American Sniper, film review: Clint Eastwood keeps a keen eye on the main target

(15) Clint Eastwood, 132 mins Starring: Bradley Cooper, Sienna Miller

Geoffrey Macnab
Friday 16 January 2015 01:00 GMT
Bradley Cooper in ‘American Sniper’
Bradley Cooper in ‘American Sniper’

Don't look to Clint Eastwood's new film for perspective on, or political insight into, the Iraq War. Iraqi insurgents are characterised by US soldiers as "savages," Fallujah is referred to as "the new Wild West of the old Middle East," a place where even the dirt tastes like "dogshit," and the film makes little attempt to consider the suffering of the Iraqi people.

This is a biopic. Eastwood's focus is on his main character, the Navy SEAL Chris Kyle (Bradley Cooper), a patriot from Texas who assumed legendary status during his four tours of Iraq. As a sniper, he had 164 confirmed "kills" and the insurgents placed a bounty on his head. Kyle doesn't question why the US is in Iraq but sees himself as a "protector" of his colleagues, his country and his family, and seemingly in that order.

As simple-minded as it is in its treatment of US military misadventure in the Middle East, American Sniper offers a rich and complex study of its central character, brilliantly played by a very beefed-up Cooper. He has some of the quality of the Sergeant York-like everyman. "It's a heck of a thing to stop a beating heart," we hear him reflect in a folksy drawl as he describes the process of killing.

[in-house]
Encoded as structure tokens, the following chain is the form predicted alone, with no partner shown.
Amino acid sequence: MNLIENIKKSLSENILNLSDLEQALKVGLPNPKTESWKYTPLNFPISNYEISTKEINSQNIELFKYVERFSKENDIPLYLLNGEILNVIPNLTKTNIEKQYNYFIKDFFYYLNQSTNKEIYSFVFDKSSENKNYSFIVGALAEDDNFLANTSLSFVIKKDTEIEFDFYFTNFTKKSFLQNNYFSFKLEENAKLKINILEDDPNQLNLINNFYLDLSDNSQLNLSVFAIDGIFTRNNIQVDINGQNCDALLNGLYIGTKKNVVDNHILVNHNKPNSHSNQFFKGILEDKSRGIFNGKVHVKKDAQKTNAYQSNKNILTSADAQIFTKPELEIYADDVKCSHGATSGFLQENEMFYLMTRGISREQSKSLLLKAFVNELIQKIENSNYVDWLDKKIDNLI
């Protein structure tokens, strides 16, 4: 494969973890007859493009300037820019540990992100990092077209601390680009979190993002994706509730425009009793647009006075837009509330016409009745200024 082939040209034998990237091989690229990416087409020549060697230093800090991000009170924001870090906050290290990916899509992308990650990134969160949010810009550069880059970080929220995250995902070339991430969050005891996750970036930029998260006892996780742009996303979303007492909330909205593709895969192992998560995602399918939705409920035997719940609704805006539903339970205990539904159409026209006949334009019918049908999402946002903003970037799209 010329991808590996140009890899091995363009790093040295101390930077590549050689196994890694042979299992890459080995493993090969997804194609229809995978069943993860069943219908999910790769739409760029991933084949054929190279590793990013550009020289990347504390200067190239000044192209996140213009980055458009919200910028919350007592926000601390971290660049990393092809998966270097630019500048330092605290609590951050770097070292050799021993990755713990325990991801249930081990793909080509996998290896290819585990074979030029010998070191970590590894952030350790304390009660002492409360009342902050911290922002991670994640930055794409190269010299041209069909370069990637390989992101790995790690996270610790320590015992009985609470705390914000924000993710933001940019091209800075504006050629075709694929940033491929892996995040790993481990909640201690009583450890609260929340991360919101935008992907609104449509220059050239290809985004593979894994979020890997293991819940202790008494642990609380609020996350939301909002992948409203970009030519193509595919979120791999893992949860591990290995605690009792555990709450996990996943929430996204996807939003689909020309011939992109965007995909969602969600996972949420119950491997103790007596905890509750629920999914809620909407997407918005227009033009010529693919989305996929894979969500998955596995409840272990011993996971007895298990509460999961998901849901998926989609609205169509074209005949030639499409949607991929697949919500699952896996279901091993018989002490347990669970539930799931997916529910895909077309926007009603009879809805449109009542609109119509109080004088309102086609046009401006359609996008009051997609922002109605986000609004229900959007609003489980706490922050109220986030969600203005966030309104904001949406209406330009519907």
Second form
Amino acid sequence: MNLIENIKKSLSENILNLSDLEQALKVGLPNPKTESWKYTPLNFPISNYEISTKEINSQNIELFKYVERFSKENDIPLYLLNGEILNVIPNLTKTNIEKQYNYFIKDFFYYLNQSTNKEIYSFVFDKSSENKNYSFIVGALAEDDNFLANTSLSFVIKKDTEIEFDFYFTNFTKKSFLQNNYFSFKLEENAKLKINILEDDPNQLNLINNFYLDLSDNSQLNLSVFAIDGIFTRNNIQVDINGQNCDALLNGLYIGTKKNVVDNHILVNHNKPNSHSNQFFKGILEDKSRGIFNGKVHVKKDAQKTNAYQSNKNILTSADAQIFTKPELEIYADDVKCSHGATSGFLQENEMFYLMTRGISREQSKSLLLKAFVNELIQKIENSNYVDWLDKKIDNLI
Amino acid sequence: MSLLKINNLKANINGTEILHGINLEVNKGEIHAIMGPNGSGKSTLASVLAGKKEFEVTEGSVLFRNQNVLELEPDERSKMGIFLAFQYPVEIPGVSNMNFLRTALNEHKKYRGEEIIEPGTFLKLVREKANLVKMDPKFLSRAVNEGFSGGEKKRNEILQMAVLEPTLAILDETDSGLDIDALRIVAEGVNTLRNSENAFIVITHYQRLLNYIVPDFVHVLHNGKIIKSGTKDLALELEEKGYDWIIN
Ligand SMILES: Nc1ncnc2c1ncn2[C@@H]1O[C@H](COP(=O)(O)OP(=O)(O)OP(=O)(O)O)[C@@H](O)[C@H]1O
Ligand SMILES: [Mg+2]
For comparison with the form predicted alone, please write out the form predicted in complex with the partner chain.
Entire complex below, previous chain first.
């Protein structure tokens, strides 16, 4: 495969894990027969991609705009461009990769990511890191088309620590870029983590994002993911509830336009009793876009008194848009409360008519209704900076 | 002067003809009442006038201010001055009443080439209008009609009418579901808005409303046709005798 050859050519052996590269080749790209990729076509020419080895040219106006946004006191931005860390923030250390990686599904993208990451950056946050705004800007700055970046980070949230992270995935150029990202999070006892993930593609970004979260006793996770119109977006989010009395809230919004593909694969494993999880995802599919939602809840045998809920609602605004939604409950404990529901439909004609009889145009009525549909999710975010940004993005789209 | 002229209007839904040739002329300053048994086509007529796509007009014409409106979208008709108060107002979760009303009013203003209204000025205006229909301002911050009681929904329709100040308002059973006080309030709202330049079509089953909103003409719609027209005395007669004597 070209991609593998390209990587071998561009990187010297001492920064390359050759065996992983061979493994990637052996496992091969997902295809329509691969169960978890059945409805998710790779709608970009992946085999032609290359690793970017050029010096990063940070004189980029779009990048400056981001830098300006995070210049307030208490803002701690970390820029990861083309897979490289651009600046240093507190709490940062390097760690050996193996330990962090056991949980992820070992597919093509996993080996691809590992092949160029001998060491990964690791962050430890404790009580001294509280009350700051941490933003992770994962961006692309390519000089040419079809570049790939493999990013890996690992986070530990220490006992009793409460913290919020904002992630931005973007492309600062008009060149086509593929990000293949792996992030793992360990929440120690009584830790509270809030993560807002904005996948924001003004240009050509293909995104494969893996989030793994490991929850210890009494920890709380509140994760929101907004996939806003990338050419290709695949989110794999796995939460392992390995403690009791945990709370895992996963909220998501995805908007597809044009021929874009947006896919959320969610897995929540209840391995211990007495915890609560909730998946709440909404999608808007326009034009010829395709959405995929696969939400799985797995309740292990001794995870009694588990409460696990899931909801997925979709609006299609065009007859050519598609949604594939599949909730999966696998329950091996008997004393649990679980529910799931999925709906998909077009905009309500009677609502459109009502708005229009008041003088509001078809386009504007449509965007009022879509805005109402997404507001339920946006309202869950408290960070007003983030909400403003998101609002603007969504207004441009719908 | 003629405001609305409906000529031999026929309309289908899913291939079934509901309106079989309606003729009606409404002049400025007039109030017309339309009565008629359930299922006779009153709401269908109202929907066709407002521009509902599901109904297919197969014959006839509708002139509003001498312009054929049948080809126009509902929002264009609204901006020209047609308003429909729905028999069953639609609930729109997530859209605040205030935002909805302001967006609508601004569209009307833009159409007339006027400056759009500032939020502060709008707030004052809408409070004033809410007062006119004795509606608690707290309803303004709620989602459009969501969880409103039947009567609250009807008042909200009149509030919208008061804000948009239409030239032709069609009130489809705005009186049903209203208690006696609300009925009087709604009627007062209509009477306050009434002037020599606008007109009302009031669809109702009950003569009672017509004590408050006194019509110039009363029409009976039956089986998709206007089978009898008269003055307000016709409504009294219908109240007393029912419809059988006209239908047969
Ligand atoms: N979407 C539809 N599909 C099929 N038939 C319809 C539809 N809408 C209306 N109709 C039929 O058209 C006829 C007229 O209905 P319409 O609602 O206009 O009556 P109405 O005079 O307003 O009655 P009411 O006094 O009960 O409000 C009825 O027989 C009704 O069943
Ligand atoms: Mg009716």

There are frequent flashbacks. We see him in his childhood, when he first showed his marksmanship while out hunting with his father, an arch patriot who divided the world into sheep, wolves and sheepdogs. (Kyle, of course, is the sheepdog type.) The film also deals movingly with his family life, his marriage to Taya (an impressively steely Sienna Miller) and the way that his horrific experiences in Iraq warp his personality. He is a decent man fighting his demons.

Like Eastwood's gunman in Unforgiven, Kyle has killed just about everything that walks or crawls, including women and children, and yet shows huge tenderness to former soldiers, maimed and suffering from post-traumatic stress.

Eastwood deals with the action scenes in bravura fashion. In particular, there is a rooftop duel between Kyle and a crackshot Iraqi sniper that recalls the battle of Stalingrad rivalry between Soviet soldier Zaitzev and the aristocratic German sniper Major Konings in An Enemy at the Gates. In spite of its utter failure to engage with the politics behind the war, the film goes beyond simple hagiography of an all-American hero.

American Sniper is not afraid to show Kyle's dark side and the contradictions in his personality – and that is why it has such resonance.

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